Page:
Positive Prospects for Latin America

10 years, 3 months ago


Laura Schoen foresees a decade of opportunities for the public relations industry in Latin America.

Latin America will be among the fastest growing markets for public relations in the world over the next several years. It offers an unmatched potential for both global and local organizations, particularly in key markets like Brazil, Chile and Colombia.

For professionals like me, who have been doing business with the region for two decades, the changes in the public relations landscape are striking. Clients’ increased interest and fast-growing communications budgets are in sharp contrast with their previous resource allocation.

The election of moderates on both the left and right provides a strong indication that political polarization has declined in many countries. Voters have moved to the center, and are looking for capable leaders who can address their problems.

Positive projections

The U.N. Economic Commission for Latin America and the Caribbean, or ECLAC, projects economic recovery from the international crisis to be faster here than expected, with a 4.1% growth overall in 2010. According to ECLAC, Brazil will top the list of countries with higher 2010 growth at 6.5%, followed by Peru and Uruguay at 5%, Bolivia, Chile and Panama at 4.5% and Argentina at 4%.

ECLAC estimates 2010 GDP for Mexico to be somewhat lower at 3.5%, but due to its proximity to the U.S., as the U.S. economy starts to show signs of improvement, Mexico will soon follow.

Brazil is one of the brightest stars in Latin America, with one of the largest consumer markets in the world, a sizeable middle class, a stable democratic government and an economy that has proven to be resilient to the financial meltdown. It is an ideal market for most industry sectors. The oil sector, for example, is very strong – with large new oil reserves recently discovered and multinational oil companies competing for a piece of the action.

World Cup and Olympics

And let’s not forget that both the 2014 World Cup and the 2016 Summer Olympics will take place there, offering clients unprecedented opportunity for leverage, along with a significant platform for international visibility.

The breadth of opportunity in Latin America, however, is not limited to the region’s economic transformation or upcoming sports events, but also is underscored by improvements in education, a vibrant civil society and increased access for the people to a middle class lifestyle. The growth of activism and the expanding number of NGOs all play a role in the changing communications environment. In this changing context, a significant percentage of Latin Americans are able to attend universities, and public relations and communications are popular majors.

Local priorities have also changed, with a greater interest in healthcare, the environment and other public affairs issues. Empowered by a formal PR education, today’s PR professional is prepared to meet the demands of more sophisticated organizations and constituencies.

Leveraging the popularity of mobile technology, interest groups are now able to easily voice their preferences and become advocates. As a result, we see a growing demand for corporate social responsibility, sustainability, green marketing and public health education.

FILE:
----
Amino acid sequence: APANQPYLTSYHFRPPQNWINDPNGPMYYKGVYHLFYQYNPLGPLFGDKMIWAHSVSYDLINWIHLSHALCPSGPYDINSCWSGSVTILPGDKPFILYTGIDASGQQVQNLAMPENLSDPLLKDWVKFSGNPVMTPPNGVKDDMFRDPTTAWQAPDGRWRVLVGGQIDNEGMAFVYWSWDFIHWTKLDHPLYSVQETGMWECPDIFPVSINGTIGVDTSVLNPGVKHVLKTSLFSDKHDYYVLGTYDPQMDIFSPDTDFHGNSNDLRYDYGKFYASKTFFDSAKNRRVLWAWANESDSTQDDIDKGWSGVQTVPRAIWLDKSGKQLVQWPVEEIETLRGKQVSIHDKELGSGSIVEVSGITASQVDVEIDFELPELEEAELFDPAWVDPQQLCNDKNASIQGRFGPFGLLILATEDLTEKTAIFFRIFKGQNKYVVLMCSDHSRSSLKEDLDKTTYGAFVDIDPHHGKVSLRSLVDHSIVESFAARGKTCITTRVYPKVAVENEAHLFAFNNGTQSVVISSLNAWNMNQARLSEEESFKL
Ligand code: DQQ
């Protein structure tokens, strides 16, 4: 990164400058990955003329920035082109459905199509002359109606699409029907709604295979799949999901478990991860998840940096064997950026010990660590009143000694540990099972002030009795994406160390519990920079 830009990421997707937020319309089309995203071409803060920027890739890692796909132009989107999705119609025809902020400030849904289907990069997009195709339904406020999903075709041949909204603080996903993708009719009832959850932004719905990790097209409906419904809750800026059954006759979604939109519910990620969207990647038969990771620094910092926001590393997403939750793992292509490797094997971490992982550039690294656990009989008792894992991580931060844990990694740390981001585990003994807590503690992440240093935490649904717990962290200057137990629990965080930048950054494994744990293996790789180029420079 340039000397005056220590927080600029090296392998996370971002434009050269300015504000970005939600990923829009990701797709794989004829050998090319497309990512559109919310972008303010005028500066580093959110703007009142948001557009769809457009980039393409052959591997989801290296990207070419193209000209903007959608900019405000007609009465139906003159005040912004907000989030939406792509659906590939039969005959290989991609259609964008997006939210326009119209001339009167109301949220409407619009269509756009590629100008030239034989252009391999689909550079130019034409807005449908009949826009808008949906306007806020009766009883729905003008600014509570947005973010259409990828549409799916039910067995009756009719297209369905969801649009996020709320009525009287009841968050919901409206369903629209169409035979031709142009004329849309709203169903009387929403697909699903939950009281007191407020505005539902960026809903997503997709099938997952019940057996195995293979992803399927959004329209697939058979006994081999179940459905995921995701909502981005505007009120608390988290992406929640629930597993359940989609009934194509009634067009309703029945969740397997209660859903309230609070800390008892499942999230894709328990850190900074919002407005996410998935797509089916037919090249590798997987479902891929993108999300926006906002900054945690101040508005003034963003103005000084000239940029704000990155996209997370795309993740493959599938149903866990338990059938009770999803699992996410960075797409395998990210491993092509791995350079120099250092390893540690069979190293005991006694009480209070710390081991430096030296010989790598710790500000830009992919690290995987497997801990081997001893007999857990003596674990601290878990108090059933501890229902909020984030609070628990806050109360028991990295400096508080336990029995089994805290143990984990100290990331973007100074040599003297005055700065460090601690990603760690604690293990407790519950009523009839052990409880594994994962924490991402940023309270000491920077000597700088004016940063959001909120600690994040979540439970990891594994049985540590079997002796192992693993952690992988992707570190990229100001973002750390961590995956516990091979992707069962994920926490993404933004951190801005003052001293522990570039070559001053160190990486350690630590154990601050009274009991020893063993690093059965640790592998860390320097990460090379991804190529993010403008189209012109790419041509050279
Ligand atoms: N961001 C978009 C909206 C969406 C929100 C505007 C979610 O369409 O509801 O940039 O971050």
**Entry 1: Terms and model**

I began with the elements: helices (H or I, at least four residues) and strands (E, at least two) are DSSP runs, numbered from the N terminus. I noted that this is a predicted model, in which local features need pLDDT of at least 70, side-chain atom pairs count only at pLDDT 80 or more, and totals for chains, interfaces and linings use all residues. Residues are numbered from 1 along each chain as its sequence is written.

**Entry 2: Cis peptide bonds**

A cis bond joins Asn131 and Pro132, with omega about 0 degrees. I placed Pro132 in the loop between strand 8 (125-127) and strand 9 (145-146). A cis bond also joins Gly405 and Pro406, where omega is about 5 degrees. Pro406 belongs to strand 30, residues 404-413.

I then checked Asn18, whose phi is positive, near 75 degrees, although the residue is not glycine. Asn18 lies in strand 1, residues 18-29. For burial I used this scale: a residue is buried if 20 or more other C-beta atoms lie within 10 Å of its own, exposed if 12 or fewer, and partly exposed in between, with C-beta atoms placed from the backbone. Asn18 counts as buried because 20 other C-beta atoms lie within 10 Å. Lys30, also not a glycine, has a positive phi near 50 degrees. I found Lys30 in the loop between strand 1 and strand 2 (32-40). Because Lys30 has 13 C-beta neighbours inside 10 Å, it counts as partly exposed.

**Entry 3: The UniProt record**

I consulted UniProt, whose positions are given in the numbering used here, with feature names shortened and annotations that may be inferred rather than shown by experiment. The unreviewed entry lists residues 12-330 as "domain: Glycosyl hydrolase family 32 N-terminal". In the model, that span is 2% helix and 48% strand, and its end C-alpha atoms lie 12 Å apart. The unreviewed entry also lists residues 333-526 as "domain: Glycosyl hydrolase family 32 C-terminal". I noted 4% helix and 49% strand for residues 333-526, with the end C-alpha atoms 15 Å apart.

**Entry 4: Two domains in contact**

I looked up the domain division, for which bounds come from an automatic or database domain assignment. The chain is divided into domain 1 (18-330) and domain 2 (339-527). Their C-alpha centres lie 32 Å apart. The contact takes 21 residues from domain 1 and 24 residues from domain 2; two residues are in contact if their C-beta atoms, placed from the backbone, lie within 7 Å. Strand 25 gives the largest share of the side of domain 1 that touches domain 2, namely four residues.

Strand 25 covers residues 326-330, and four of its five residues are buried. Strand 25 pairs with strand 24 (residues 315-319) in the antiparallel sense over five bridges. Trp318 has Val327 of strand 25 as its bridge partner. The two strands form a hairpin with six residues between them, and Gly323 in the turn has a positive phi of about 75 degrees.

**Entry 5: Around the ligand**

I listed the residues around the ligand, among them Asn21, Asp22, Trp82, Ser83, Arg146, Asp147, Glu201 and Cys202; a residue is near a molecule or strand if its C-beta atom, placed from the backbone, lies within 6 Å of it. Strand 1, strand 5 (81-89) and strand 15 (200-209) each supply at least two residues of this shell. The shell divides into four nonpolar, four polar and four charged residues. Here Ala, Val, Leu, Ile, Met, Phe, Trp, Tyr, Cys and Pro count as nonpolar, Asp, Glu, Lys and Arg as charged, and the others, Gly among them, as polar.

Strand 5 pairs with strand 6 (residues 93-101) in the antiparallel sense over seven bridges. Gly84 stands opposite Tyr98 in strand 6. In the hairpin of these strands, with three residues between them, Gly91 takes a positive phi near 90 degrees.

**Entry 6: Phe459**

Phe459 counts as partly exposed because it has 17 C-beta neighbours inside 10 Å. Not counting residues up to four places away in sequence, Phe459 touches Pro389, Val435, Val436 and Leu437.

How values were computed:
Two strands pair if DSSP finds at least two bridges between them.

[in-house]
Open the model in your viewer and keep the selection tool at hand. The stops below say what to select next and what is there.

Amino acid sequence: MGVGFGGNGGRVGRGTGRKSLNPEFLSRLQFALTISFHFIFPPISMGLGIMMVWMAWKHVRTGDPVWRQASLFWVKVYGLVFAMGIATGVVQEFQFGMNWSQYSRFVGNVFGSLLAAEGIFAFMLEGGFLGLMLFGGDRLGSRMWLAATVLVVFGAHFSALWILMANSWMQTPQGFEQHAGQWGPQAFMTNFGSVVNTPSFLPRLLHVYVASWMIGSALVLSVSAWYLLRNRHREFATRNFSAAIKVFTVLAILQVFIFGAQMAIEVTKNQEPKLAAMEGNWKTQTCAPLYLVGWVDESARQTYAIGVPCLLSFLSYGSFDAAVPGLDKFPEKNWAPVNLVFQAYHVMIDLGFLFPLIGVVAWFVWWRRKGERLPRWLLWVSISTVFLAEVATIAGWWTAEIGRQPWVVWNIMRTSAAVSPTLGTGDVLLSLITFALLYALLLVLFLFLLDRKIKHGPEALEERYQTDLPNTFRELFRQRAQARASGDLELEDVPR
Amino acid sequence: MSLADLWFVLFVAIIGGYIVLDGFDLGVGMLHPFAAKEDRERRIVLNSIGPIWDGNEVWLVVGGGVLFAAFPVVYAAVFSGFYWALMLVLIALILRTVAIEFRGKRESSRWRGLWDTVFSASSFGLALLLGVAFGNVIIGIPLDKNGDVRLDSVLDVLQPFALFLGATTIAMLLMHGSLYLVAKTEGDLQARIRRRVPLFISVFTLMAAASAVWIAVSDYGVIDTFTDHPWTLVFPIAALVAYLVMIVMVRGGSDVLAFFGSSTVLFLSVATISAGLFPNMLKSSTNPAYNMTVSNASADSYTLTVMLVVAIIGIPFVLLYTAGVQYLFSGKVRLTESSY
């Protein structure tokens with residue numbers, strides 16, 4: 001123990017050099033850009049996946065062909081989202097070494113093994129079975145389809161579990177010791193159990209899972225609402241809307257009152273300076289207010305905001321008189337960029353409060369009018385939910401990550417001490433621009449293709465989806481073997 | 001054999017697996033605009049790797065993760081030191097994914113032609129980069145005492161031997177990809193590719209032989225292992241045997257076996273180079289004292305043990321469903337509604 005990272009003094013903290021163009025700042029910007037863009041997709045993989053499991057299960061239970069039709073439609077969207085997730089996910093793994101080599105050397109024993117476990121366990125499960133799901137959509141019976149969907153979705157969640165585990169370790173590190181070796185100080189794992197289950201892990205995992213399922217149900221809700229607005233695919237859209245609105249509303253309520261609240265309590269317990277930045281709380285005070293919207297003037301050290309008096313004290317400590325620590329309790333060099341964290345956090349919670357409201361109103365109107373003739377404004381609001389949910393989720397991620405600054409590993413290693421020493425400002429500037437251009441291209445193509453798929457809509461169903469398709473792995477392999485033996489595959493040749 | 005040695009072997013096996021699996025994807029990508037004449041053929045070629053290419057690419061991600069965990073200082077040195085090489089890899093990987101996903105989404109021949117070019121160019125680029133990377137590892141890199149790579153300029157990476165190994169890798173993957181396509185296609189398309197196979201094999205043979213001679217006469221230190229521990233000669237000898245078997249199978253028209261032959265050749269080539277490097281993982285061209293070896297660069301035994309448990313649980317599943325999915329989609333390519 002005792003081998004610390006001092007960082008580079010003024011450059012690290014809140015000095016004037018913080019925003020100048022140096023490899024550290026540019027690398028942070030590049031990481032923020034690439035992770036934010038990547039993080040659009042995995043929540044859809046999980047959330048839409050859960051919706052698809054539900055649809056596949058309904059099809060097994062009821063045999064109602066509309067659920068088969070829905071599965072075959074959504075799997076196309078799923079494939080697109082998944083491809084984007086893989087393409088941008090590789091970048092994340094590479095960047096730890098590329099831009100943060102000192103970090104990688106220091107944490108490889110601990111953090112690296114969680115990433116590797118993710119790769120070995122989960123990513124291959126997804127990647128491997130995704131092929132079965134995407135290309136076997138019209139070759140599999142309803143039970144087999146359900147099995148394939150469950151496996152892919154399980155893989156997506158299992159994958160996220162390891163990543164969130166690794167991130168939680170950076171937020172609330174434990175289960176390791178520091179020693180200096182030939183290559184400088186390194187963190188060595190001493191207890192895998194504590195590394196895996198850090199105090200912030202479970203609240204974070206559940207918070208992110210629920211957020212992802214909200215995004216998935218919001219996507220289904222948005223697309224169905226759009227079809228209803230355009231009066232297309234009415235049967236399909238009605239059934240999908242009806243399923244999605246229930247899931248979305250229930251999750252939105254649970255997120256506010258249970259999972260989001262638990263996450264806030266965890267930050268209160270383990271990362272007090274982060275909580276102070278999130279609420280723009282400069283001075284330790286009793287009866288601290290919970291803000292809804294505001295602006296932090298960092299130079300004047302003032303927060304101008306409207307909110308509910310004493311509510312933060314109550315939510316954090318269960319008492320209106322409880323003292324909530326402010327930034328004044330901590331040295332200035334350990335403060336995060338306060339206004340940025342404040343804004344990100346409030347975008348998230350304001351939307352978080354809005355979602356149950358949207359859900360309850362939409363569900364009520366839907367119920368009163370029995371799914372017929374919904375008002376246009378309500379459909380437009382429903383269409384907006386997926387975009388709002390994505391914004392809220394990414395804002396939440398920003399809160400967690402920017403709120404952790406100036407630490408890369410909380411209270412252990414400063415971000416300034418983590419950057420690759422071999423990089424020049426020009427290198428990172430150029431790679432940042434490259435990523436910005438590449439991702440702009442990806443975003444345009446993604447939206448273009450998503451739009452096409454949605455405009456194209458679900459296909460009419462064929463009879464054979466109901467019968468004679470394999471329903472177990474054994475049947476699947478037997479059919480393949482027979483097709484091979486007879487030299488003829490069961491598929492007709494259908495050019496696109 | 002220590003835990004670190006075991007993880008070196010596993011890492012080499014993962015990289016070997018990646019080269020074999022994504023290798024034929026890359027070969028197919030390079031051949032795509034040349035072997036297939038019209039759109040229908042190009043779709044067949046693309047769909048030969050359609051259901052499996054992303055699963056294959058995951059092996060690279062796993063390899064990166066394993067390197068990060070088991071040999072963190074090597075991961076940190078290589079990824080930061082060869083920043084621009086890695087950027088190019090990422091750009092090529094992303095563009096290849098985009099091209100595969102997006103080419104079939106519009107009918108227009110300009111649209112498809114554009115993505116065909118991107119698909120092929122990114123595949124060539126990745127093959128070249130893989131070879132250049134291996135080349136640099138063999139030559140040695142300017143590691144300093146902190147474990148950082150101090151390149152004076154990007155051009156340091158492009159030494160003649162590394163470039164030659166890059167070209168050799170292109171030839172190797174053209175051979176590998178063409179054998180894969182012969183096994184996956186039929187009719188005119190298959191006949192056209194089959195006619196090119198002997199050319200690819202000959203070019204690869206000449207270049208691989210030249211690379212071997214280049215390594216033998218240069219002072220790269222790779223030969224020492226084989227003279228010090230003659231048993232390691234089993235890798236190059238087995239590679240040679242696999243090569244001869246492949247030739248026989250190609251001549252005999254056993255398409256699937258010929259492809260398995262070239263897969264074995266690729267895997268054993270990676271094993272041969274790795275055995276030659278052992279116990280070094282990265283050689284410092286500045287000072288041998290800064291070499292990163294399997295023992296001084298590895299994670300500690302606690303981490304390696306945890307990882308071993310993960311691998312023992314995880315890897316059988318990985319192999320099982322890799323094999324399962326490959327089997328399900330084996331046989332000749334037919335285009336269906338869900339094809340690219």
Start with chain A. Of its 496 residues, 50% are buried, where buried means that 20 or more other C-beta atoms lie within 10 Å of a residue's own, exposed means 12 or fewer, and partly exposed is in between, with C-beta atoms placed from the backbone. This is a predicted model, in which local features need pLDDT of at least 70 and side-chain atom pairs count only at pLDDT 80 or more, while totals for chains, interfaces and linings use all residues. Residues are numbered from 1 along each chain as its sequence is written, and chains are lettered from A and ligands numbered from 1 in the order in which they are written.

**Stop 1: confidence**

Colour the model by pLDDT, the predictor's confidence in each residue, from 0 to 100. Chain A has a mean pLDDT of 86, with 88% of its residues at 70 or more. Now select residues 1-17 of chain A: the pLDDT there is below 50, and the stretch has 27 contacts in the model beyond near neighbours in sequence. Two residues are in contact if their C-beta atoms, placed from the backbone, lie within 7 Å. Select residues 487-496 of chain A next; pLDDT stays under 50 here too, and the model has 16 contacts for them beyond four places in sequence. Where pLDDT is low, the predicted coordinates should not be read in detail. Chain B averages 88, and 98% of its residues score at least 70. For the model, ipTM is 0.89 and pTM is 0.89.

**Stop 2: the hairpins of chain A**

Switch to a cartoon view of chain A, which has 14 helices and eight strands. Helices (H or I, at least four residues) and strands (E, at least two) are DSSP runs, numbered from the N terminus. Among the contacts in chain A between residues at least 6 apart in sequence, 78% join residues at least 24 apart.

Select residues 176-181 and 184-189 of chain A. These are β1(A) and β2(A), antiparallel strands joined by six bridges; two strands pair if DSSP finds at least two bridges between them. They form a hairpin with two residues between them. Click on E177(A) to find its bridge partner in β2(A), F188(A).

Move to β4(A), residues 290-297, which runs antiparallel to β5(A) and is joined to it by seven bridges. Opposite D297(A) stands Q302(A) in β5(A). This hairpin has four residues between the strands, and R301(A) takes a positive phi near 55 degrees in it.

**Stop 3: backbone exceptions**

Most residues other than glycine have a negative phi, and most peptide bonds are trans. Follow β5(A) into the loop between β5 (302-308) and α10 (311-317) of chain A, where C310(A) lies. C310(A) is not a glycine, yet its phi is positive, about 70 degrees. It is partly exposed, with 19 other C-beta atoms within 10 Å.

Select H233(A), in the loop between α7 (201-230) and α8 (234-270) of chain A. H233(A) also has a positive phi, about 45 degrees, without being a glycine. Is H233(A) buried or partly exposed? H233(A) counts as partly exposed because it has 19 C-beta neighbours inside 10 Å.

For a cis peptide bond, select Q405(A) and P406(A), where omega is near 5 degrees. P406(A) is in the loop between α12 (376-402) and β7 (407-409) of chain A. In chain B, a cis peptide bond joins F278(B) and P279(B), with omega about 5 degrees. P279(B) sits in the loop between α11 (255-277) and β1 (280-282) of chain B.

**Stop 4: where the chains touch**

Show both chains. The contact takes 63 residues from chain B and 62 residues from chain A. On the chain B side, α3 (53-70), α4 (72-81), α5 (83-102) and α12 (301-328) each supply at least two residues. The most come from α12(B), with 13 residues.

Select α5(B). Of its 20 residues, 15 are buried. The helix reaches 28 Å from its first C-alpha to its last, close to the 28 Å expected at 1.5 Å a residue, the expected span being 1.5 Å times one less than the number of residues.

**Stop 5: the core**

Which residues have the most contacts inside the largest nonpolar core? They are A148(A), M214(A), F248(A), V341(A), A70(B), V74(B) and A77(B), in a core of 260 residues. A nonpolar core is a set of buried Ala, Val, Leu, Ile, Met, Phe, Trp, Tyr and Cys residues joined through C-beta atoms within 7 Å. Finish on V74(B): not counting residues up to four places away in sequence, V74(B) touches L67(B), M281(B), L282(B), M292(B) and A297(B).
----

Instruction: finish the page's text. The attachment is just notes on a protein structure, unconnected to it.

One size does not fit all

As the profile of public relations in Latin America evolves to meet the challenges of the global marketplace, successful organizations must establish a leadership position and tailor their programs to each audience. Although Spanish and Portuguese are the two major languages throughout the region, each country has sub-cultures and regional differences which demand unique communications approaches.

Brazil, for example, almost as large as the U.S., has become what can be considered a mature communications market. The digital media is booming. Involvement with social media and mobile technology is comparable to, and sometimes exceeds, participation in the U.S. and Europe.

Today, Brazilian PR executives are reporting directly to CEOs and play a key role in managing companies’ reputations. Agencies have also evolved to provide strong professional services such as issues and crisis management, advocacy building, and litigation support, to name a few.

It is worth highlighting a few unique trends such as the increased facilitation of public relations grassroots outreach by social workers working on behalf of agencies and Latin Americans’ insatiable interest in studies that allow them to make comparisons with trends in Europe and the United States.

Moving forward

Weber Shandwick has been working with best-in-class affiliates in Latin America, and we have plans to increase our presence and deepen our expertise in the region. Like our clients and other global companies with operations in the region, we are convinced that the time is right to broaden our involvement.

The region’s growing importance is driving more multinational companies to employ qualified communications professionals to expand market share and protect their organization’s ability to grow. The influence and impact of public relations as a powerful marketing discipline in the region is just beginning to make its mark.



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The Author

Laura Schoen

Laura Schoen is Chair, Latin America, Weber Shandwick. She is a Speaker at the IPRA XIX Public Relations World Congress taking place in Lima, Peru on 1-3 June 2010. www.ipracongressperu.com

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